Spin-off[edit]

The animated rendition of Dae Jang Geum, called Jang Geum's Dream is much the same story but focuses on Jang-geum in her younger years.[19]

Sequel[edit]

In September 2012, MBC announced its plans to produce a sequel, Dae Jang Geum 2.[20][21][22] In his opening speech at a cultural contents forum in Seoul in October 2013, MBC president Kim Jong-guk reaffirmed the project, saying, "We'll push for the production in the first half of 2015 after a year of pre-production."[2][23][24][25]

In March 2014, writer Kim Young-hyun confirmed that the series would be aired in October 2014, and that lead actress Lee Young-ae who had previously turned down offers of a sequel since her semi-retirement from acting in 2006, is "positively considering" reprising her role.[26] In Kim's synopsis, Jang-geum will reportedly lose her husband and her daughter will be kidnapped and taken to China, leaving Jang-geum to try to find her. The first half of the series will be about her journey to China, where the original series has a big following, and filming will take place there. But Jang-geum will return home without success, and resume her life by looking for a young successor to take under her tutelage. Jang-geum will choose to train the daughter of Geum-young, Jang-geum's rival from the first series.[3]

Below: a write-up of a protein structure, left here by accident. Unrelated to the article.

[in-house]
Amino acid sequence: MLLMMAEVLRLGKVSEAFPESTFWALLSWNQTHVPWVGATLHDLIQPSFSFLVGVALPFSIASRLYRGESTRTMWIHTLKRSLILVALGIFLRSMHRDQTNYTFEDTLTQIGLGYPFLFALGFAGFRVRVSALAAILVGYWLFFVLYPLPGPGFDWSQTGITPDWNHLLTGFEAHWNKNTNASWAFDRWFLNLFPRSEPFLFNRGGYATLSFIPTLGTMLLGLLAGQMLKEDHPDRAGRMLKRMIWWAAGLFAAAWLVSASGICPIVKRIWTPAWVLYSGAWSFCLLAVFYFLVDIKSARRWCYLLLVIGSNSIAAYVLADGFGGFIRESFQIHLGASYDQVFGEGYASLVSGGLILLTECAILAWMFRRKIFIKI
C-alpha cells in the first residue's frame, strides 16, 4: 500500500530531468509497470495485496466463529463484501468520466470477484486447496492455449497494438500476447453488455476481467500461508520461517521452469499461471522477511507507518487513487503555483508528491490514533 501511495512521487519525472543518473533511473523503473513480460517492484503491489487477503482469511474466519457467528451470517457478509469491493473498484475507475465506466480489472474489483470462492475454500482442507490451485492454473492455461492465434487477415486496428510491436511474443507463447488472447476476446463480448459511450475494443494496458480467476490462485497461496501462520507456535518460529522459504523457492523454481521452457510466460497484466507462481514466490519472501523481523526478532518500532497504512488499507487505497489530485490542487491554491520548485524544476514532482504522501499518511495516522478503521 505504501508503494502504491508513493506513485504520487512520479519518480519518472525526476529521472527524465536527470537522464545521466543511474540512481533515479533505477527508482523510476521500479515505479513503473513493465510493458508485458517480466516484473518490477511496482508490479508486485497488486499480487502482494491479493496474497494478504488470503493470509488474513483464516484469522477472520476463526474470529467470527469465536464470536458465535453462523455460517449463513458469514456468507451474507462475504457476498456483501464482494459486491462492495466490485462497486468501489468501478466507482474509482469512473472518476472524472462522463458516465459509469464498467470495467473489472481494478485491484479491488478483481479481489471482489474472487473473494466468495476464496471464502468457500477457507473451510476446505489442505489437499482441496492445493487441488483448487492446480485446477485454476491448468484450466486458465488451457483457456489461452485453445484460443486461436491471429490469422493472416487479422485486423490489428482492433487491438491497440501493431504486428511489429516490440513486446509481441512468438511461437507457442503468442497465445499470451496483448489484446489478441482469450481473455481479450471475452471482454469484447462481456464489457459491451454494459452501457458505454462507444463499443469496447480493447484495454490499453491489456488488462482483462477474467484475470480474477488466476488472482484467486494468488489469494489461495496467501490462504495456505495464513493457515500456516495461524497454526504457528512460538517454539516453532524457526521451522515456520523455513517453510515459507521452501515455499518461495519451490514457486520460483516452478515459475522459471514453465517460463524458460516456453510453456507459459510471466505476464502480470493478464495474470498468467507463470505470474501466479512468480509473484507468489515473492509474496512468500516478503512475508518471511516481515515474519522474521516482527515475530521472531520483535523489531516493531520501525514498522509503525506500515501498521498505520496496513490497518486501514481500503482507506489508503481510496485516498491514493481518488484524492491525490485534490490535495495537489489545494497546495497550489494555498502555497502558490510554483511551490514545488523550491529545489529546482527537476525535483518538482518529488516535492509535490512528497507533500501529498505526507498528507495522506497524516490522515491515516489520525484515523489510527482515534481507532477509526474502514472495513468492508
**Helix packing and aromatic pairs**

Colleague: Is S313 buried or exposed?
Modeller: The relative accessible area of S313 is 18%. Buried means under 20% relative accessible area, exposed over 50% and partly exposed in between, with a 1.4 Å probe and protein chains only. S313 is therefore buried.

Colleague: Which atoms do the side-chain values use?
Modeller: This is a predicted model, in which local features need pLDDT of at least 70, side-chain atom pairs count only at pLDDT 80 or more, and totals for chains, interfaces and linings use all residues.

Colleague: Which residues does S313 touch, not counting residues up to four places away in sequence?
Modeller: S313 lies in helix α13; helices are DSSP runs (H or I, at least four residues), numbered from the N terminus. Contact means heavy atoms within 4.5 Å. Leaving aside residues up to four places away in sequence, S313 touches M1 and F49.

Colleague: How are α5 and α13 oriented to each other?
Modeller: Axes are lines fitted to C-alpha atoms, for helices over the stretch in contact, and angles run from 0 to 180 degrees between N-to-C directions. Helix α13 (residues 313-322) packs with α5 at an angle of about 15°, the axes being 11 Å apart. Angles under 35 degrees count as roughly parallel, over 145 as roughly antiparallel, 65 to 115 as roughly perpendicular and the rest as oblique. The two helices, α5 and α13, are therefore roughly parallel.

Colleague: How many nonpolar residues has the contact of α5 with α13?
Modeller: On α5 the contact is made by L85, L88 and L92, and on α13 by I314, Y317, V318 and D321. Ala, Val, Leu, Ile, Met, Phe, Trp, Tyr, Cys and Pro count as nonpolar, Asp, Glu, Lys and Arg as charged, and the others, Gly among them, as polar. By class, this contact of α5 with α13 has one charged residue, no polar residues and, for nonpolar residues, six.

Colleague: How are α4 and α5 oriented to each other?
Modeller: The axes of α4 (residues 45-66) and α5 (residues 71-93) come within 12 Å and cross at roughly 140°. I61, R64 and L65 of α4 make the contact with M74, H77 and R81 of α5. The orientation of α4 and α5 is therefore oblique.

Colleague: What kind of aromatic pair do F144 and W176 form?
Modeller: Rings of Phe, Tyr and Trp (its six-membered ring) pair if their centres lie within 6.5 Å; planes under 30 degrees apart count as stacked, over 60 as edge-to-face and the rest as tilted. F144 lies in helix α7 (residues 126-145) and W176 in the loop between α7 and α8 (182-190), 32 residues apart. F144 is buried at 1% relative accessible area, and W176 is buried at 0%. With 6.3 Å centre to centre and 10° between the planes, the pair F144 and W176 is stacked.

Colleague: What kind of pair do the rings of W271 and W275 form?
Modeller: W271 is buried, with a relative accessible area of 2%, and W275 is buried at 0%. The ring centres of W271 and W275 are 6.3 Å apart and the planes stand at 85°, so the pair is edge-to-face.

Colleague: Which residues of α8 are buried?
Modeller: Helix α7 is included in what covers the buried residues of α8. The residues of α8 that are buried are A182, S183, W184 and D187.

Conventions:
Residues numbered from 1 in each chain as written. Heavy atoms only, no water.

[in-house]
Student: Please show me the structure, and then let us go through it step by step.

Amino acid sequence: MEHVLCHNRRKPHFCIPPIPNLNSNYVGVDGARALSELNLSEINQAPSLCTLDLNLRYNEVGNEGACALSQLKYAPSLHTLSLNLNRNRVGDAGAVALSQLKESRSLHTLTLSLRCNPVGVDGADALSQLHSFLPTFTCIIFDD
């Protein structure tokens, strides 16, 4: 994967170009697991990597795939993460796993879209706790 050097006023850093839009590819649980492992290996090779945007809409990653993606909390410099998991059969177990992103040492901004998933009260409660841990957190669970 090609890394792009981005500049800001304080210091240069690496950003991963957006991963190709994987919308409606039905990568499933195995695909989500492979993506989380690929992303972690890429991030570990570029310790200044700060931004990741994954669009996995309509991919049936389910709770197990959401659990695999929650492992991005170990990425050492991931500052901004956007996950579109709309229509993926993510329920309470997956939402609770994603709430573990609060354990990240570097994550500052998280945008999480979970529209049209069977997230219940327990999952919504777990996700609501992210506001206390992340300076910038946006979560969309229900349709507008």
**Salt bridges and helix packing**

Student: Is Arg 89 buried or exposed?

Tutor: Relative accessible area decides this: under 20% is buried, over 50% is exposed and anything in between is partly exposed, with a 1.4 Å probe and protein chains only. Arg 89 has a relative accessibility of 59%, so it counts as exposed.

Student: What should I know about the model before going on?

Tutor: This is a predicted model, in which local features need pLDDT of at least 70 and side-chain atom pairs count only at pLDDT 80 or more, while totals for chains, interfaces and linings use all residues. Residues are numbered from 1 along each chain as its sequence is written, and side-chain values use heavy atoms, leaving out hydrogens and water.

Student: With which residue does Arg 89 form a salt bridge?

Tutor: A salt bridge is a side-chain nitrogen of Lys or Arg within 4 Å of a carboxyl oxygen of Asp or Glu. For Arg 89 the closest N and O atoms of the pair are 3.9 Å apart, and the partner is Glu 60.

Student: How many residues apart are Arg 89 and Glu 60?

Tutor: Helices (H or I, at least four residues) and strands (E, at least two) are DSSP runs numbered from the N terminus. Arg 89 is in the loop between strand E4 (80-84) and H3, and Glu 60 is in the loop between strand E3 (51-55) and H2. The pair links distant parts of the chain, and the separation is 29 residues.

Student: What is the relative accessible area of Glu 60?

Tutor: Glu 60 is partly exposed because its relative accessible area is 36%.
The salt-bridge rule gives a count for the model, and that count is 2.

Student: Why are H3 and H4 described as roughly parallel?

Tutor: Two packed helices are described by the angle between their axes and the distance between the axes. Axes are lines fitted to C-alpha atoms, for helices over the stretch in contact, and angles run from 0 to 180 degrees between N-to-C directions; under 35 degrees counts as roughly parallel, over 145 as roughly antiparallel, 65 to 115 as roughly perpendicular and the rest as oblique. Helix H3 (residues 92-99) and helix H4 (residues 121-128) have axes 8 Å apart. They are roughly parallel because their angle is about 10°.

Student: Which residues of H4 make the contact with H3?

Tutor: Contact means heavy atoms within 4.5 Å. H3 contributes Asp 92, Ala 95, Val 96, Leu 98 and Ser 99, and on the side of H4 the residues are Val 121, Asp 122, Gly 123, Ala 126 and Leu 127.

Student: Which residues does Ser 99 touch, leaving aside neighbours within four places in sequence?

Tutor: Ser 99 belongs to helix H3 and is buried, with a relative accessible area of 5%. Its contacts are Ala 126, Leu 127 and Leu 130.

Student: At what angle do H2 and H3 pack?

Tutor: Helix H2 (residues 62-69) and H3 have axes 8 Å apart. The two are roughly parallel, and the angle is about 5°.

See also[edit]

Notes[edit]

  1. ^ 기자i사진, 글장회정; 포토뱅크, 제공경향신문; 스토리온. "가장 기다려지는 여배우 이영애, '대장금 2'로 컴백 임박?". lady.khan.co.kr. Retrieved April 2, 2021.
  2. ^ a b "Daejanggeum II to be produced". The Korea Times. January 8, 2014. Archived from the original on January 8, 2014.
  3. ^ a b Yang, Sung-hee (March 22, 2014). "Lee Young-ae could return to iconic series". Korea JoongAng Daily.
  4. ^ Hua, Vanessa (August 31, 2005). "Japanese soaps cleaning up". Asia Times. Archived from the original on October 28, 2005.CS1 maint: unfit URL (link)